I could have written this very post! It seems like “transparency” is encouraged more than “christlikeness” now days! thank you for sharing!
First of all, I am so, so, deeply sorry that your transparency was met with such a large bucket of ice water. Church small groups often encourage this sort of transparency, however, my experience has been discouraging. What usually happens is that one or two people in the group dominate the time with their woes, followed by one or two people trying to “fix” the sharer. Unfortunately, and oftentimes the so-called group leader has absolutely no clue how to truly guide a group, let alone deal with genuinely troubling, deep spiritual issues. Many are selected because they are friends with the pastor/pastor’s wife, or nobody else is interested in leading. Politics and availability aside, NONE of the group leaders at my former church were given a manual to help in the particulars of group leadership, let alone training in appropriate and compassionate responses, along with relevant, professional resources. As a leader there, the most I was ever told was to pass the hard issues along to the Pastor’s wife (which I never did), who would contact the woman and counsel her. Unfortunately, the pastor’s wife was clueless, as was her nouthetic counseling pastor/husband. Pathetic! And, what happened on too many occasions, was that the confidences WERE broken as evidenced by overheard comments that were introduced with the words, “We need to pray for so-and-so about such and such”. Welcome to the prayer/gossip chain! I “get it” that great friendships, and strong churches are made from being vulnerable with each other. But, for me, my deepest heart sharing is with two to three trustworthy women.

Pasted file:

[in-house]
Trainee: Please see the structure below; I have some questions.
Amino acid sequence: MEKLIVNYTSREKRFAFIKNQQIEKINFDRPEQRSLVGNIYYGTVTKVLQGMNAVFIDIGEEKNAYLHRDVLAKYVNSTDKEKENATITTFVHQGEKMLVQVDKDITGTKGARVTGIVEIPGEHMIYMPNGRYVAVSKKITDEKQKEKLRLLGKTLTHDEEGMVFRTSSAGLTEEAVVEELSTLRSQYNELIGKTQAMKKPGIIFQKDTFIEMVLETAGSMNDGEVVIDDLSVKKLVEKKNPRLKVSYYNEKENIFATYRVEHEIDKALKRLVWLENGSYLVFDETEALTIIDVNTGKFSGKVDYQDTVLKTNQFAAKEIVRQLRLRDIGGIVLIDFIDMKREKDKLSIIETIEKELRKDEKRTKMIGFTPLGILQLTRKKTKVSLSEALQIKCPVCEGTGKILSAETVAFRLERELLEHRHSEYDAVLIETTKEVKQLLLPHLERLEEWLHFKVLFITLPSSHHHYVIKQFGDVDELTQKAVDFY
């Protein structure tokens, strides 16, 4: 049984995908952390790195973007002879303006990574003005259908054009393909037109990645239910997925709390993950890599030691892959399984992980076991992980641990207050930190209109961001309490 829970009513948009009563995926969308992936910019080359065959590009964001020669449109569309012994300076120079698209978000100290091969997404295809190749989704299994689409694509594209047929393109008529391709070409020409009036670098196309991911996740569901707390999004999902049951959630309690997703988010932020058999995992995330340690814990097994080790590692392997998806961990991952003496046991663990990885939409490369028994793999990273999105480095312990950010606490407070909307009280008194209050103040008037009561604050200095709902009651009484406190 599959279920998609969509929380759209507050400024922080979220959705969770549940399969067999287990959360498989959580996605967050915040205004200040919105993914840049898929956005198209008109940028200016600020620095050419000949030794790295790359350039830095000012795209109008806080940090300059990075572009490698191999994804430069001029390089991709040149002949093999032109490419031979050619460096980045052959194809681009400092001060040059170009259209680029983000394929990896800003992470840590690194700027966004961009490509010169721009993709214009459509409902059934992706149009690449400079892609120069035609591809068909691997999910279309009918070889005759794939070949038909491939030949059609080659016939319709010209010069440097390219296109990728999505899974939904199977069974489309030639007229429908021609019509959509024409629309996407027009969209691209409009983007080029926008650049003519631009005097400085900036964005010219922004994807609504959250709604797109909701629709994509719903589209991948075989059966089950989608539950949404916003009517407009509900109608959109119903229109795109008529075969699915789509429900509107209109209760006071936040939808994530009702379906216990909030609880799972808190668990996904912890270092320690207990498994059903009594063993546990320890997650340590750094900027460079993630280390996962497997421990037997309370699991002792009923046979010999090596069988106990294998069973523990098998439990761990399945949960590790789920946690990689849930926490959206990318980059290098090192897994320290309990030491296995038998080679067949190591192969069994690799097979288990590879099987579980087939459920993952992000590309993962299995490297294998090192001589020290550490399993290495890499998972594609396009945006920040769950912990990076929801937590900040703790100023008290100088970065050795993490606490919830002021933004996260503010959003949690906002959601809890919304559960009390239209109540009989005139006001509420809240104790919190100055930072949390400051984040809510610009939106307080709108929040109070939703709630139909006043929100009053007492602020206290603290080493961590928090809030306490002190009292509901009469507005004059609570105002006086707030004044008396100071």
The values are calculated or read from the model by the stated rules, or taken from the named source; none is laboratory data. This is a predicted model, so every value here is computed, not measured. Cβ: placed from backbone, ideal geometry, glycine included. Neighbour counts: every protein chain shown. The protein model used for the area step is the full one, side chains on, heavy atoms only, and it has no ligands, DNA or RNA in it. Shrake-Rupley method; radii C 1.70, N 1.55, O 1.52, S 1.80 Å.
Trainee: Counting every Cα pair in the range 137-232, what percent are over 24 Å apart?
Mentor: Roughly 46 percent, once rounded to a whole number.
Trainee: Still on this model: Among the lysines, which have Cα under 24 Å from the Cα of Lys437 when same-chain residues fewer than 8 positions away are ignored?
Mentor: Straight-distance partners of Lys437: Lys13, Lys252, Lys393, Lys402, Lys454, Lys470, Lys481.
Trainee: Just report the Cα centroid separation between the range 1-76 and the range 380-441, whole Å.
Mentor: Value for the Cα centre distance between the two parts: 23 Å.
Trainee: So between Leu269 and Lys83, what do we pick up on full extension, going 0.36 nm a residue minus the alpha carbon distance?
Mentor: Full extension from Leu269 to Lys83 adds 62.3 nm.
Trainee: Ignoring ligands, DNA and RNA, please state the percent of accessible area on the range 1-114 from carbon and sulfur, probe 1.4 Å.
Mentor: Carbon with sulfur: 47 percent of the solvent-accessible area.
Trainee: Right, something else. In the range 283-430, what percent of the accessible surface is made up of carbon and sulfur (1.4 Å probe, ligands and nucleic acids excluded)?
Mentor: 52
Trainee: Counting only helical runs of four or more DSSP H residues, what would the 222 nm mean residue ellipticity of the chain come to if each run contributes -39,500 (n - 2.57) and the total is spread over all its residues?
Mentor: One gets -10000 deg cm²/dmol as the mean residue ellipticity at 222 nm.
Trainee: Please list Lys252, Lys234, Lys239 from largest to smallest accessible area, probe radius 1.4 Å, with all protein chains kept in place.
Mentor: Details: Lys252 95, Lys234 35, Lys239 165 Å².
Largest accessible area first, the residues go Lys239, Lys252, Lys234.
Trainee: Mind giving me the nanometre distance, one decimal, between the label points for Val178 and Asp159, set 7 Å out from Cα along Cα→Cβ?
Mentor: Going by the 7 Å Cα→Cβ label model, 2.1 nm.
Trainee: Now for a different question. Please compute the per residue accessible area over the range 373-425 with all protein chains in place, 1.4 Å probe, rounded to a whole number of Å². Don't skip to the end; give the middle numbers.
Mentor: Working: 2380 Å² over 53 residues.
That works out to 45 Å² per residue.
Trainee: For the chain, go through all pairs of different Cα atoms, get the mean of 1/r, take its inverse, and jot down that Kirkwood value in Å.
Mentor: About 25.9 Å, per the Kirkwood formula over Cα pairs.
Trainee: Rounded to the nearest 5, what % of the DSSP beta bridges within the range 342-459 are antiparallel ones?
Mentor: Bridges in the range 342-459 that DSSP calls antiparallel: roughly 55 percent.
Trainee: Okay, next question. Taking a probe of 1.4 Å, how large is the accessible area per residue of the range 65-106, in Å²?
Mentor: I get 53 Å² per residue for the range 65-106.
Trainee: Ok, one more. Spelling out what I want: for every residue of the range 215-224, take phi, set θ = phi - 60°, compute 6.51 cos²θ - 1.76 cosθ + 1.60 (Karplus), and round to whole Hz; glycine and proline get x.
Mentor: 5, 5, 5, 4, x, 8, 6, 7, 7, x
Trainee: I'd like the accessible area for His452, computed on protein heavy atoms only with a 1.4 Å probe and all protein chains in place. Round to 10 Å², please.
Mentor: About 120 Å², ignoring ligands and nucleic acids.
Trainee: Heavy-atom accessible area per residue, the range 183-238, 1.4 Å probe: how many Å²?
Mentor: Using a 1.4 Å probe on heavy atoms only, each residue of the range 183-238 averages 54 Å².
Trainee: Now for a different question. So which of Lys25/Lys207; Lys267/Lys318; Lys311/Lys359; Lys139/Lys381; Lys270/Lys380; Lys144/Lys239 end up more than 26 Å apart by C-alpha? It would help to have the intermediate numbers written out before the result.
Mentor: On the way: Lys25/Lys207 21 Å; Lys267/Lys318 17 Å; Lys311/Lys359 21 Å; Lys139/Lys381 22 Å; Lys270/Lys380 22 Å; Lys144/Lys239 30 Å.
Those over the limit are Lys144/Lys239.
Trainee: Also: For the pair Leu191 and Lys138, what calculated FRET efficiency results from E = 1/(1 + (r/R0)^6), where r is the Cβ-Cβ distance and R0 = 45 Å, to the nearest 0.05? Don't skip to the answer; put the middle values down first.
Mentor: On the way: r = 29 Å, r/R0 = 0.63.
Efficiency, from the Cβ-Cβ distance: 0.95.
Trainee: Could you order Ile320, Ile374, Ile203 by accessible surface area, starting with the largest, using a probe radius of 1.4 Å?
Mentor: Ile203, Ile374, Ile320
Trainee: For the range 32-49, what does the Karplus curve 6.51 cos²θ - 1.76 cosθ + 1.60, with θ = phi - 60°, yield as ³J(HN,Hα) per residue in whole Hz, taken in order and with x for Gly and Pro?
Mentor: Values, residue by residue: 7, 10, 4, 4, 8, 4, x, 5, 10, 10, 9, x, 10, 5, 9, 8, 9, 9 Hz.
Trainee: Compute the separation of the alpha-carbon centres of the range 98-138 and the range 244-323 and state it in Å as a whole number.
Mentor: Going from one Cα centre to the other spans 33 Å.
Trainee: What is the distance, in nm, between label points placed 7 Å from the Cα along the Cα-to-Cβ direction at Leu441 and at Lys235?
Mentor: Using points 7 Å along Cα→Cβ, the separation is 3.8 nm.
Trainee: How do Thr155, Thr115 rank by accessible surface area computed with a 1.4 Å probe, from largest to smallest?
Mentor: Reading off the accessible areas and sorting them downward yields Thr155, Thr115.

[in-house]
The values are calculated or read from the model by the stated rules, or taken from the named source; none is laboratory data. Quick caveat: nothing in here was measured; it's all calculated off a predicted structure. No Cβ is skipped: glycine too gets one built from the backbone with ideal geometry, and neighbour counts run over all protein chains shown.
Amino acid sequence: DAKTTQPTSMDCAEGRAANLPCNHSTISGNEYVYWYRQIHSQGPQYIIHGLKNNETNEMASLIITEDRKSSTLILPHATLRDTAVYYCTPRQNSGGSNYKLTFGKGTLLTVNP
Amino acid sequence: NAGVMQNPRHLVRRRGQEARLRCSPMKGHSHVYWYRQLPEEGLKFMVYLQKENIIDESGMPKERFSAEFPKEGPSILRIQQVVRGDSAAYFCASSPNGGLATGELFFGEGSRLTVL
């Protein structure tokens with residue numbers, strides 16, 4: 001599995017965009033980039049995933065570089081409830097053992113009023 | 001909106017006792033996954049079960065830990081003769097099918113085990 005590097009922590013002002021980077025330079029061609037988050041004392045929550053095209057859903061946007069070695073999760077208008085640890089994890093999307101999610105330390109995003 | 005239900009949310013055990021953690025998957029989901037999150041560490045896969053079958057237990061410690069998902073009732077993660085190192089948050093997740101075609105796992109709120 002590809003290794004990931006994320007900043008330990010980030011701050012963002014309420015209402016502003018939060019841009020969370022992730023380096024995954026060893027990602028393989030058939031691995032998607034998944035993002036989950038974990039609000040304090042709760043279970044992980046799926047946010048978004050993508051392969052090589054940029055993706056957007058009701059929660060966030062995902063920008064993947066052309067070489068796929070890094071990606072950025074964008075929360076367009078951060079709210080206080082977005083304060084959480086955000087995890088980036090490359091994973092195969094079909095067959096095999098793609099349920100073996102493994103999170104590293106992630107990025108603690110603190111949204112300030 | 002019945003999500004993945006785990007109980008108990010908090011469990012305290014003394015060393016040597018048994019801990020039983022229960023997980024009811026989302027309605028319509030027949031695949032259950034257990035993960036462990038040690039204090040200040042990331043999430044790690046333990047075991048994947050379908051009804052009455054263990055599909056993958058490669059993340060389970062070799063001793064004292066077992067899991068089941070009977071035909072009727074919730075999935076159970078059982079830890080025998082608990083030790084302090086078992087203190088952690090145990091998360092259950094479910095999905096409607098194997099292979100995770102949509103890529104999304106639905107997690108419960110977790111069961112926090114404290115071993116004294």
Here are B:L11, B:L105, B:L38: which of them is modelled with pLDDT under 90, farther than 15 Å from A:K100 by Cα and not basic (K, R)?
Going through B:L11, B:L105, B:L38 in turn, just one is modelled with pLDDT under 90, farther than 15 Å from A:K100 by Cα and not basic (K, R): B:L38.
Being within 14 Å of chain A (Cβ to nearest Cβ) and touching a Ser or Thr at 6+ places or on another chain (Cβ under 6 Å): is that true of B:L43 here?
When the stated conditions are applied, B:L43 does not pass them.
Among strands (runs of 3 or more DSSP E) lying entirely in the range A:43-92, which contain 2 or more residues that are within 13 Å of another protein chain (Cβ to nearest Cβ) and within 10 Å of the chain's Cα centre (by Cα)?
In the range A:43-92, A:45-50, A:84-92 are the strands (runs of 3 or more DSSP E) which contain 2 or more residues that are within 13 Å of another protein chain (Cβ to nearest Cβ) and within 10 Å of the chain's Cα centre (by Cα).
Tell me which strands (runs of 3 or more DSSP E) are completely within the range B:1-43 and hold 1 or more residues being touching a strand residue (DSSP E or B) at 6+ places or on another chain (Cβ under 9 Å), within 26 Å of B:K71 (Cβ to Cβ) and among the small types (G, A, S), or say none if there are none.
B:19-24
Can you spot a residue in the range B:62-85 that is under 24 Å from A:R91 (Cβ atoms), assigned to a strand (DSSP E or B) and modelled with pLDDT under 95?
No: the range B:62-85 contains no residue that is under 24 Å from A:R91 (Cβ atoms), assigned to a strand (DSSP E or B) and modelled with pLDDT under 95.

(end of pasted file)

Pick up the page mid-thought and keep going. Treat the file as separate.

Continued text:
Yes, I very much agree.